Unlicensed landlord fined
almost ₤10,000 by a District Judge
LIVERPOOL'S Landlord Licensing Scheme aims to drive up
standards in the private rented sector, and action is now being taken against
those who are refusing to sign up. Landlords have to meet a variety of
conditions around fire, electric and gas safety rectifying disrepair issues,
tackling pest infestations, keeping the exterior in a good state of repair and
dealing with complaints about anti social behaviour caused by tenants. At
Liverpool Magistrates Court on 23 February, Joseph McKeever, from Liverpool, was
fined after being convicted of offences relating to 2 properties he was
privately renting in the City. Mr McKeever had not attended an earlier hearing
on 9 February 2017, when he had been convicted in his absence of failing to
licence 2 properties he was privately renting in Redbrook Street, in Anfield and
Haven Road, in Fazakerley, which is an offence under the Housing Act 2004. He
was also convicted of failing to respond to 2 legal notices sent to him asking
for information under the Local Government (Miscellaneous Provisions) Act 1976.
Mr McKeever, who failed to attend court for sentencing, was fined ₤2,000 per
offence for failing to licence the properties and ₤2,500 per offence for failing
to comply with the legal notice. He was also ordered to pay a victim surcharge
of ₤170 and pay the City council costs of ₤776.46; a total of ₤9946.46.
The prosecution brings to 10 the number of landlords who have been prosecuted so
far, with fines totalling ₤27,000.
Cabinet Member for housing, Councillor Frank Hont, said:- "This is the
latest in a series of enforcement action we are taking against those landlords
who failed to come on board and apply for licences when the scheme was
introduced in 2015. A large proportion of landlords have willingly signed up for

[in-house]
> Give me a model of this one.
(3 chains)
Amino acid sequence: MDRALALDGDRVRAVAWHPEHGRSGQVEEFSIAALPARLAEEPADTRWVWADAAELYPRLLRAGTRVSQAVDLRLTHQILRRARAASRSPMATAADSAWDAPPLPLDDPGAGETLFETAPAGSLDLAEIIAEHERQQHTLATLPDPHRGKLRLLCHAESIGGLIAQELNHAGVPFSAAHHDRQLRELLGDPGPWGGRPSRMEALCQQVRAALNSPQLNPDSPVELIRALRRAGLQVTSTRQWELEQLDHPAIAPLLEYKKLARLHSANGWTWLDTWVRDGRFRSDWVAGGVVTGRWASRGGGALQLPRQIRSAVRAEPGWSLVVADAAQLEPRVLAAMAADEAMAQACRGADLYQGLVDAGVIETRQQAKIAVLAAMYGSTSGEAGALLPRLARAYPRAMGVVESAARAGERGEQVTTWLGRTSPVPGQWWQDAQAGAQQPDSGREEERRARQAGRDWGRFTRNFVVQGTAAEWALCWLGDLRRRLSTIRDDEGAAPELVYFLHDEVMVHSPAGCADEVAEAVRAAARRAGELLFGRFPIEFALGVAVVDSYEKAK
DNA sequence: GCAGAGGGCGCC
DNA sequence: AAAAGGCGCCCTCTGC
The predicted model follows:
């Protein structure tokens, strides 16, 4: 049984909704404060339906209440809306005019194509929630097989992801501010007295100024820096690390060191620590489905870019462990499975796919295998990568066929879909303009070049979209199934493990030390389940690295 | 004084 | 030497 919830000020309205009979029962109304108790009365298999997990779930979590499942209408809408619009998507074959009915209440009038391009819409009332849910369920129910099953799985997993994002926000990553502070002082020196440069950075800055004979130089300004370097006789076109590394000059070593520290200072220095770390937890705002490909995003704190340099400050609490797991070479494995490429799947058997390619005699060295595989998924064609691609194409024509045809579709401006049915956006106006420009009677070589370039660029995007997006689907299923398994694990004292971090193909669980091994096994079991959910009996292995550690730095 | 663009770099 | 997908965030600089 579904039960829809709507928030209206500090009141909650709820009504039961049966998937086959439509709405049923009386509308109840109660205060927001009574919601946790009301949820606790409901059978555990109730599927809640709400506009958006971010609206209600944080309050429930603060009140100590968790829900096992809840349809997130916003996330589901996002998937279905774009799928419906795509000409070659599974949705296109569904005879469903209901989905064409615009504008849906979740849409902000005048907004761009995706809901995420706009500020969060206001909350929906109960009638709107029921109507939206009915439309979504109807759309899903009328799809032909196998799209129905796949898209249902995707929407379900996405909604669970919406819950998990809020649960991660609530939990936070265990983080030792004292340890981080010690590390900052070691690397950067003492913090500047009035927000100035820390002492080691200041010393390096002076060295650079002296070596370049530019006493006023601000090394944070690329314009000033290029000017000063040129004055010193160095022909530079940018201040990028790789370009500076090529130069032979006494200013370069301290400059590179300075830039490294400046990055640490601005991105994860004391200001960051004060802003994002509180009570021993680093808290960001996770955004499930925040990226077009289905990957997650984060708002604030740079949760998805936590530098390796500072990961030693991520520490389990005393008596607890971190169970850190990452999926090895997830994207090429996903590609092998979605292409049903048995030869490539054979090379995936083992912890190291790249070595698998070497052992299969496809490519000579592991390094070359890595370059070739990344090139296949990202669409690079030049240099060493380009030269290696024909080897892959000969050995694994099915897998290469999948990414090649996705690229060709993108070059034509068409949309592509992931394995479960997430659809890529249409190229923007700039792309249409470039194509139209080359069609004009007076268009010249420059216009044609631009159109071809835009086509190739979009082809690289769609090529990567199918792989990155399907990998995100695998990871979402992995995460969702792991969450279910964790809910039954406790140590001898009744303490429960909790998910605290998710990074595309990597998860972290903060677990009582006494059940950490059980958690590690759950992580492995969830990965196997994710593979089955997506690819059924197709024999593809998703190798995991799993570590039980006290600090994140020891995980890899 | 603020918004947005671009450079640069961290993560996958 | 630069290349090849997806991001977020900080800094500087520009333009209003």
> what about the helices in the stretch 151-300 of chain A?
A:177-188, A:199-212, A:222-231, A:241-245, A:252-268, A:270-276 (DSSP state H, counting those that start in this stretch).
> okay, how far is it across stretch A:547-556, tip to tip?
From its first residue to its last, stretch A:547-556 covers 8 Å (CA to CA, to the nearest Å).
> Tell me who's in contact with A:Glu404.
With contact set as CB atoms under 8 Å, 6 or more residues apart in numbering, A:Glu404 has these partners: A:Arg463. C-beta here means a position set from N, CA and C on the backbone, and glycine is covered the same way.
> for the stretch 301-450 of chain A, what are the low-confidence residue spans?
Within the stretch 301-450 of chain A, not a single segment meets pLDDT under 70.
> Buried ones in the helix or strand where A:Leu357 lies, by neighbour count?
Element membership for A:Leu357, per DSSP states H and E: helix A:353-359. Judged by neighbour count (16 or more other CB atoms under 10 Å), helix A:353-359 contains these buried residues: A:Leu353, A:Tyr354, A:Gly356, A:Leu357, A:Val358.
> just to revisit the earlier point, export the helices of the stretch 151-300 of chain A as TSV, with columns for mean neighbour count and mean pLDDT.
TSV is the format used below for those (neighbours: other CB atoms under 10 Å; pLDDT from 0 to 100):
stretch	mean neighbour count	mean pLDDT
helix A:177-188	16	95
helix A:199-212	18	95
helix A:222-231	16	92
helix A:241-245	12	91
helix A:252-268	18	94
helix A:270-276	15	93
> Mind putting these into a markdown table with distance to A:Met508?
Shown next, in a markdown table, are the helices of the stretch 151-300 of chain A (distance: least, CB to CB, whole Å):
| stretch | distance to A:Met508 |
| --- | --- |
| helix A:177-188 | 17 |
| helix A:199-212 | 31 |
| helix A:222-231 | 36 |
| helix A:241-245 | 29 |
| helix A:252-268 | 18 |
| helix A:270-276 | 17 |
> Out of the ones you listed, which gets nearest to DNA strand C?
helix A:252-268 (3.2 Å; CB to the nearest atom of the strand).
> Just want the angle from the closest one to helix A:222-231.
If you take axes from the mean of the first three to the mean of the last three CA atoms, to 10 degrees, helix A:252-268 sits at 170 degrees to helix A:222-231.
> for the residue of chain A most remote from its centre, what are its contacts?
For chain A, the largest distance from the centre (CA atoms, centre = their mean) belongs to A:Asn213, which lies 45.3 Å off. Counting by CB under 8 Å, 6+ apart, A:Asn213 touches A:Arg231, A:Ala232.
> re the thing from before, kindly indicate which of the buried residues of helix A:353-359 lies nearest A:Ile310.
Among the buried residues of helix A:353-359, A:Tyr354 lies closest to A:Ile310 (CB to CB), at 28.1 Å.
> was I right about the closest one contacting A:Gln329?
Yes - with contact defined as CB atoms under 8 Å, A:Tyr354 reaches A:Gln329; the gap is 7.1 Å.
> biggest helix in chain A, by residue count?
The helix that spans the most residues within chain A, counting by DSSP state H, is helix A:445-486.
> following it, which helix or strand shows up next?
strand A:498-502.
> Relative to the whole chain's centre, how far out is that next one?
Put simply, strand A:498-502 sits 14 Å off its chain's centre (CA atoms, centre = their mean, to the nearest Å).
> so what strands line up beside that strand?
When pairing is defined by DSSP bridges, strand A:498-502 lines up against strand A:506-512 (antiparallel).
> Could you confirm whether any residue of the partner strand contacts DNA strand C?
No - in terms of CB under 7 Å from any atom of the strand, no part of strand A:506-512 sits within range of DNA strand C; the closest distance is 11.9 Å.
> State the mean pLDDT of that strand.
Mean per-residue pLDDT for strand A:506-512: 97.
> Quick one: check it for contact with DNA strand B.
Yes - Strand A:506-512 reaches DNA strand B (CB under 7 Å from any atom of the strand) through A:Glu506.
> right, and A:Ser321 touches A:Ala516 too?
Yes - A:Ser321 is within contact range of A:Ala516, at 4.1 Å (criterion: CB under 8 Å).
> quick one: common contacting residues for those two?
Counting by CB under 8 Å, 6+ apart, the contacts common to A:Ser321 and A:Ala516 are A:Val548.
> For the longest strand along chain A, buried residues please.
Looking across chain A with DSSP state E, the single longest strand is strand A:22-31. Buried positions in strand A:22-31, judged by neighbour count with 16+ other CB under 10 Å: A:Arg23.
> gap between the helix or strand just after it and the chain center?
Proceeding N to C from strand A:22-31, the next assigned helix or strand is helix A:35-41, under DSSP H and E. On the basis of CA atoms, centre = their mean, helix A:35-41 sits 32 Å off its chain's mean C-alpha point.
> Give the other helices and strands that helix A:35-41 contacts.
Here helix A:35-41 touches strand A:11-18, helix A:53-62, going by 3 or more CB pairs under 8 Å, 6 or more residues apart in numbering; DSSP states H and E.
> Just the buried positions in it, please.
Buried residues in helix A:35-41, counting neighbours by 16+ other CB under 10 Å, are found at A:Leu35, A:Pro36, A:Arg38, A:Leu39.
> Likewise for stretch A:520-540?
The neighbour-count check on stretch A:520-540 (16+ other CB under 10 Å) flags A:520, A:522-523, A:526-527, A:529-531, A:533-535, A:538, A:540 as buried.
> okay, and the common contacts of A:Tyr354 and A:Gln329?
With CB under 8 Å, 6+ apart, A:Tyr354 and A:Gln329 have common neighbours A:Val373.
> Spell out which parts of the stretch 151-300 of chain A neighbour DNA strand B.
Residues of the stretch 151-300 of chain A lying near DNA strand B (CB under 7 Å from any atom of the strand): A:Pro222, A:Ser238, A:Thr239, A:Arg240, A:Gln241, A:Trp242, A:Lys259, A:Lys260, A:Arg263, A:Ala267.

the scheme and are working positively with us, which is why it is not fair on
them that some are wilfully ignoring the law. Mr McKeever's failure to work with
us is now costing him dear and a lot more than the few hundred pounds it would
have cost him had he applied for the 2 licences in the 1st place. Our message to
those landlords that haven't signed up is that you are committing a criminal
offence and if you don't engage you will get a big bill in Court."
In sentencing District Judge Shaw commented on the fact that the properties had
been rented by McKeever since at least 2013, and that he was in receipt of
public funds in the form of housing benefit for the properties. Around
8,000 landlords responsible for more than 44,000 properties are already engaged
with the Landlord Licensing scheme. Current and prospective tenants can access a
online to see if their landlord has started
the application process. Landlord licensing has the backing of campaign groups
including Shelter and Generation Rent.
2 charged following burglary and theft in Formby
MERSEYSIDE Police can confirm 2 males have been charged
with burglary, theft, theft shop and common assault following an incident that
took place on Thursday, 23 February 2017. We are told that the incident yook